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page created: 2/14/06
originally published: 2/8/06

Jahnke's Electric Theatre

Jahnke's Electric Theatre #25
Back in Black

Jahnke's Electric Theatre - Main Page

Once again, I apologize for the long dry spell between Electric Theatres. Technical difficulties, don't you know. I briefly considered switching over to Jahnke's Acoustic Theatre in the interim but I didn't have all of your addresses to mail the letter to. Failing that, I tried doing Jahnke's A Cappella Theatre but I'm not sure if you all heard me or not.

Anyway, I'm now armed with a brand spanking new computer which should last for at least six months or so before it biomes totally obsolete. Fortunately, this all happened in January, the great fallow patch in the studios' theatrical release schedule, so I don't feel like we really missed too much. So, sad as I am to disappoint you, I do not have reviews of Big Momma's House 2 or Annapolis. I do have a few flicks with 2006 copyright dates on them for you in a bit, but to begin with I have a rare triple feature to kick things off. Three movies from 2005 that I really should have seen theatrically but for whatever reason, did not. They're all out on DVD now and are each well worth your time and attention.

The A-Pictures...

1. Broken Flowers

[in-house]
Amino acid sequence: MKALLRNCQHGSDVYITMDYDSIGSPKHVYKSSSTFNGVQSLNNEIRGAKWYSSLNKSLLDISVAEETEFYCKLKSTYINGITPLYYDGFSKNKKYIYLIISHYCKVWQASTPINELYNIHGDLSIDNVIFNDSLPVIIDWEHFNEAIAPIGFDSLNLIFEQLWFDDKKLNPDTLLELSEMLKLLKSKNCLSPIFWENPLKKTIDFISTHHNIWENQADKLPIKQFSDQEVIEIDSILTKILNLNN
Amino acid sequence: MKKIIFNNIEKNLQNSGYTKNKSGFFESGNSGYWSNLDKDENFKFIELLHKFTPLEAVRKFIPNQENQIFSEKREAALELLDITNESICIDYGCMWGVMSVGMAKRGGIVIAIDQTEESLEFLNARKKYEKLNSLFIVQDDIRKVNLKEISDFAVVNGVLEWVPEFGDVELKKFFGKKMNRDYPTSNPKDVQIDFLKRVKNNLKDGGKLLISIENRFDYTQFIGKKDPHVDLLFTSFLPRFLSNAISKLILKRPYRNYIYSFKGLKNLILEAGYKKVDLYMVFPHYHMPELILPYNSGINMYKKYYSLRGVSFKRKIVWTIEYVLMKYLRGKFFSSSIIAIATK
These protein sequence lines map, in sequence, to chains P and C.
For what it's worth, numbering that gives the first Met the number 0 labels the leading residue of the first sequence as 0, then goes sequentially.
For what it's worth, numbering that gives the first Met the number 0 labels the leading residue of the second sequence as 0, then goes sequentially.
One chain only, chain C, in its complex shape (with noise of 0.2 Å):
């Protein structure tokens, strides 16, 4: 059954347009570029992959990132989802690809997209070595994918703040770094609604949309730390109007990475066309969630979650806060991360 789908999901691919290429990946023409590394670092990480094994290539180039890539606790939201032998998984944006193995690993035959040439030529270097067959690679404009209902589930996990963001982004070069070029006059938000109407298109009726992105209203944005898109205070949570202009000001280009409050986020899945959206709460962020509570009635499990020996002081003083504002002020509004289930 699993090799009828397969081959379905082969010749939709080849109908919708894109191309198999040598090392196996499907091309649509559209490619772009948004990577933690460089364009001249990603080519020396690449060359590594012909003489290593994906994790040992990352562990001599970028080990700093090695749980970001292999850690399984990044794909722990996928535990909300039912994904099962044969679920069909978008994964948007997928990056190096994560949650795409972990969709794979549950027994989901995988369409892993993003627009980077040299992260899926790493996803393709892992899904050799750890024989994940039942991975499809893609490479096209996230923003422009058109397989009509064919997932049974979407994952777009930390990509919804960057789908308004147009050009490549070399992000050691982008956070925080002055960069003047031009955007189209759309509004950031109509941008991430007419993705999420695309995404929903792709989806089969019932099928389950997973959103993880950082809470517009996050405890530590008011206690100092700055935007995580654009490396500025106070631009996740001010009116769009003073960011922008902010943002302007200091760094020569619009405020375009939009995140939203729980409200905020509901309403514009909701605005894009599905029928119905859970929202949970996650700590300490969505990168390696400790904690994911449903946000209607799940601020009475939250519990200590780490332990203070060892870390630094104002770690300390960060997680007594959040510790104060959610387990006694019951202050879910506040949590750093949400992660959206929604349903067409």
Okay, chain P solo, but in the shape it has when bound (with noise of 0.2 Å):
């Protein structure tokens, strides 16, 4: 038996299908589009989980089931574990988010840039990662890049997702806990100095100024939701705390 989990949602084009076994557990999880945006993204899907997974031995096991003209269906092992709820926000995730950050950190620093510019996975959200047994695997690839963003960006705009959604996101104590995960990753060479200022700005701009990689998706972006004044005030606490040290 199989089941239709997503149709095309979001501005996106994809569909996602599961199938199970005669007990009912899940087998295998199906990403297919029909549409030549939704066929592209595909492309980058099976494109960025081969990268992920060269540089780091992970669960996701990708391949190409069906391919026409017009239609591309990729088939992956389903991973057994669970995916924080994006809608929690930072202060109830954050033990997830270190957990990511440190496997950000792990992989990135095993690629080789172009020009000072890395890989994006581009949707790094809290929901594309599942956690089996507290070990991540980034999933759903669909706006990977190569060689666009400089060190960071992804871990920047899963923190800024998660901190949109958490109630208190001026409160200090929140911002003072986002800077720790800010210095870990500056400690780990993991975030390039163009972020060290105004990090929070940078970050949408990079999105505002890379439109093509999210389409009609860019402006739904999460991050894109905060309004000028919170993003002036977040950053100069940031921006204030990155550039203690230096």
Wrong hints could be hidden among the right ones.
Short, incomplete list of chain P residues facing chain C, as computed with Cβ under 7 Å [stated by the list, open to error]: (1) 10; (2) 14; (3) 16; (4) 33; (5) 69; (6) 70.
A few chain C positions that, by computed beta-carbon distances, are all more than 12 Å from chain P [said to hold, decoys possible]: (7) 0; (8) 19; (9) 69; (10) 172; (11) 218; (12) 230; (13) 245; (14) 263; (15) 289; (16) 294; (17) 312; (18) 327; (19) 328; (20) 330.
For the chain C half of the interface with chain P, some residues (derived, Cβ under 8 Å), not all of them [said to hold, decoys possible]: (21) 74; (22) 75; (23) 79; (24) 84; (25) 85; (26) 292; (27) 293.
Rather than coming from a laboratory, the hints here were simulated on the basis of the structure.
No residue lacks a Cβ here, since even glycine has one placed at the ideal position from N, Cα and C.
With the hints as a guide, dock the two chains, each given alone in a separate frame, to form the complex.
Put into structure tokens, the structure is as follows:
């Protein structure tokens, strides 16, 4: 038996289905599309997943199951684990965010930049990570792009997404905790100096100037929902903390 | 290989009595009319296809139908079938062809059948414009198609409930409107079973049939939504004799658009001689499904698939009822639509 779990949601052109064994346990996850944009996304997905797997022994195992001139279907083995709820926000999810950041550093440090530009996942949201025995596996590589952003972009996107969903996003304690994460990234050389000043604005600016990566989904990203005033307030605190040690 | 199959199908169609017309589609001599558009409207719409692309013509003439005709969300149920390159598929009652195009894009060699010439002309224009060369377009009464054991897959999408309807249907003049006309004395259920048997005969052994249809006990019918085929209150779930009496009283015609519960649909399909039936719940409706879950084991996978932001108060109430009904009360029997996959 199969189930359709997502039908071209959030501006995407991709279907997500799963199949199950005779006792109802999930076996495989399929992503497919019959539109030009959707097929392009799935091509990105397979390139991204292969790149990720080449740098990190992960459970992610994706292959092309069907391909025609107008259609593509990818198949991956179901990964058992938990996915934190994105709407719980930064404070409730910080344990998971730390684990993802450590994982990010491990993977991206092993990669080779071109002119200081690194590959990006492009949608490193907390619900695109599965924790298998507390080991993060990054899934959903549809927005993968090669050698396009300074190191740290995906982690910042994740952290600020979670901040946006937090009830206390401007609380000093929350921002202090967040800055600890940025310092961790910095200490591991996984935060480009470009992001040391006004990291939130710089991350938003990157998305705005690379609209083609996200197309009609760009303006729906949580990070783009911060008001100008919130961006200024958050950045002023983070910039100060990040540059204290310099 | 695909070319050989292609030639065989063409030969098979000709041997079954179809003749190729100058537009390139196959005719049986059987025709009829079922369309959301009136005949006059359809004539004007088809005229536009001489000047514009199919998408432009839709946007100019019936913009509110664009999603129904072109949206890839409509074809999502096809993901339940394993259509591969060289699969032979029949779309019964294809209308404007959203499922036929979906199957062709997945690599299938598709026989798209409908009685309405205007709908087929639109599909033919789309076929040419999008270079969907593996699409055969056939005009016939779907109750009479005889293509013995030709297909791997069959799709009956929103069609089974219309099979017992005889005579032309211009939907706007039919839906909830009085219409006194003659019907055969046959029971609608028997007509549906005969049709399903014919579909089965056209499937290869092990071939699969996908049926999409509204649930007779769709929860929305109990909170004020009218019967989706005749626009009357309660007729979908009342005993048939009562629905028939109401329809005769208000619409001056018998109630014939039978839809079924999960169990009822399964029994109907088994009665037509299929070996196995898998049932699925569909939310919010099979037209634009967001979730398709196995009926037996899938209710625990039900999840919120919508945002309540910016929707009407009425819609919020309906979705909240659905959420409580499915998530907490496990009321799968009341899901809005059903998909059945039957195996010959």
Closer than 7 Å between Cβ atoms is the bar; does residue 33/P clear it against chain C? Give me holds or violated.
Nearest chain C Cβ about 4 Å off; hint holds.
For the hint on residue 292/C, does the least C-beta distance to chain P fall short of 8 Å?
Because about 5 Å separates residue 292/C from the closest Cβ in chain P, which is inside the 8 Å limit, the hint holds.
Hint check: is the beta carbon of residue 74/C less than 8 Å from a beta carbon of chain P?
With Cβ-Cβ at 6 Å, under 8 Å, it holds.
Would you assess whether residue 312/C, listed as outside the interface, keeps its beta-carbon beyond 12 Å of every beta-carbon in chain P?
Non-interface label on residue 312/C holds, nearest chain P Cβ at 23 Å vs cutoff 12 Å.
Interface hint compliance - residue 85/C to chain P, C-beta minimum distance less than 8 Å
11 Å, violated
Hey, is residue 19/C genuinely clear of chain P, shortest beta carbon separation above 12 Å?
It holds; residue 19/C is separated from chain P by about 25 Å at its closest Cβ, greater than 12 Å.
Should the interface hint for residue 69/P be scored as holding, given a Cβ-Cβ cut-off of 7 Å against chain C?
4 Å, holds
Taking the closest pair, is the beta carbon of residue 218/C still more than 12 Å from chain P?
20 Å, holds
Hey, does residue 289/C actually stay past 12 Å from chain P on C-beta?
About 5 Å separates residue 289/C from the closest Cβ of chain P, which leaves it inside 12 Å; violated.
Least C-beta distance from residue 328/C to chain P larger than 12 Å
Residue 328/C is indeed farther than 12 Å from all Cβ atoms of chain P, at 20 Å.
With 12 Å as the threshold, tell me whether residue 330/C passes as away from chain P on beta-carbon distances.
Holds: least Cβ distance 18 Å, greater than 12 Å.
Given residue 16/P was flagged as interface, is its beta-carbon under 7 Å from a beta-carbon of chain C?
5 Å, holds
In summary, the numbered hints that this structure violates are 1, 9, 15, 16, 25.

I'm a big fan of director Jim Jarmusch but even so, I was surprised at how much I loved this movie. The golden age of Bill Murray's career continues here with his performance as Don Johnston, a wealthy and seemingly retired computer engineer. As the movie opens, he's losing the latest in a long line of girlfriends. That same day, he receives an anonymous letter from an old flame, informing him that he fathered a child with her and that young man may now be trying to track him down. With the assistance of his amateur sleuth neighbor (a wonderful Jeffrey Wright), Don narrows the list of women who may have sent the letter down to a handful and embarks on a cross-country trip to find the truth. Murray is a perfect fit for the deadpan universe of Jarmusch and he gives Don just the right combination of wit, charm, weariness and pathos. Even more remarkable is the parade of A-list actresses Jarmusch enlists to play Murray's old girlfriends, including Sharon Stone, Jessica Lange, Tilda Swinton and Frances Conroy. Broken Flowers is a movie of great subtlety, wonderfully dry humor, and deep sadness. As usual, Jarmusch avoids answers and explanations. But by the final scene, every line on Murray's face tells us that this pink letter has changed his life forever. (*** ½)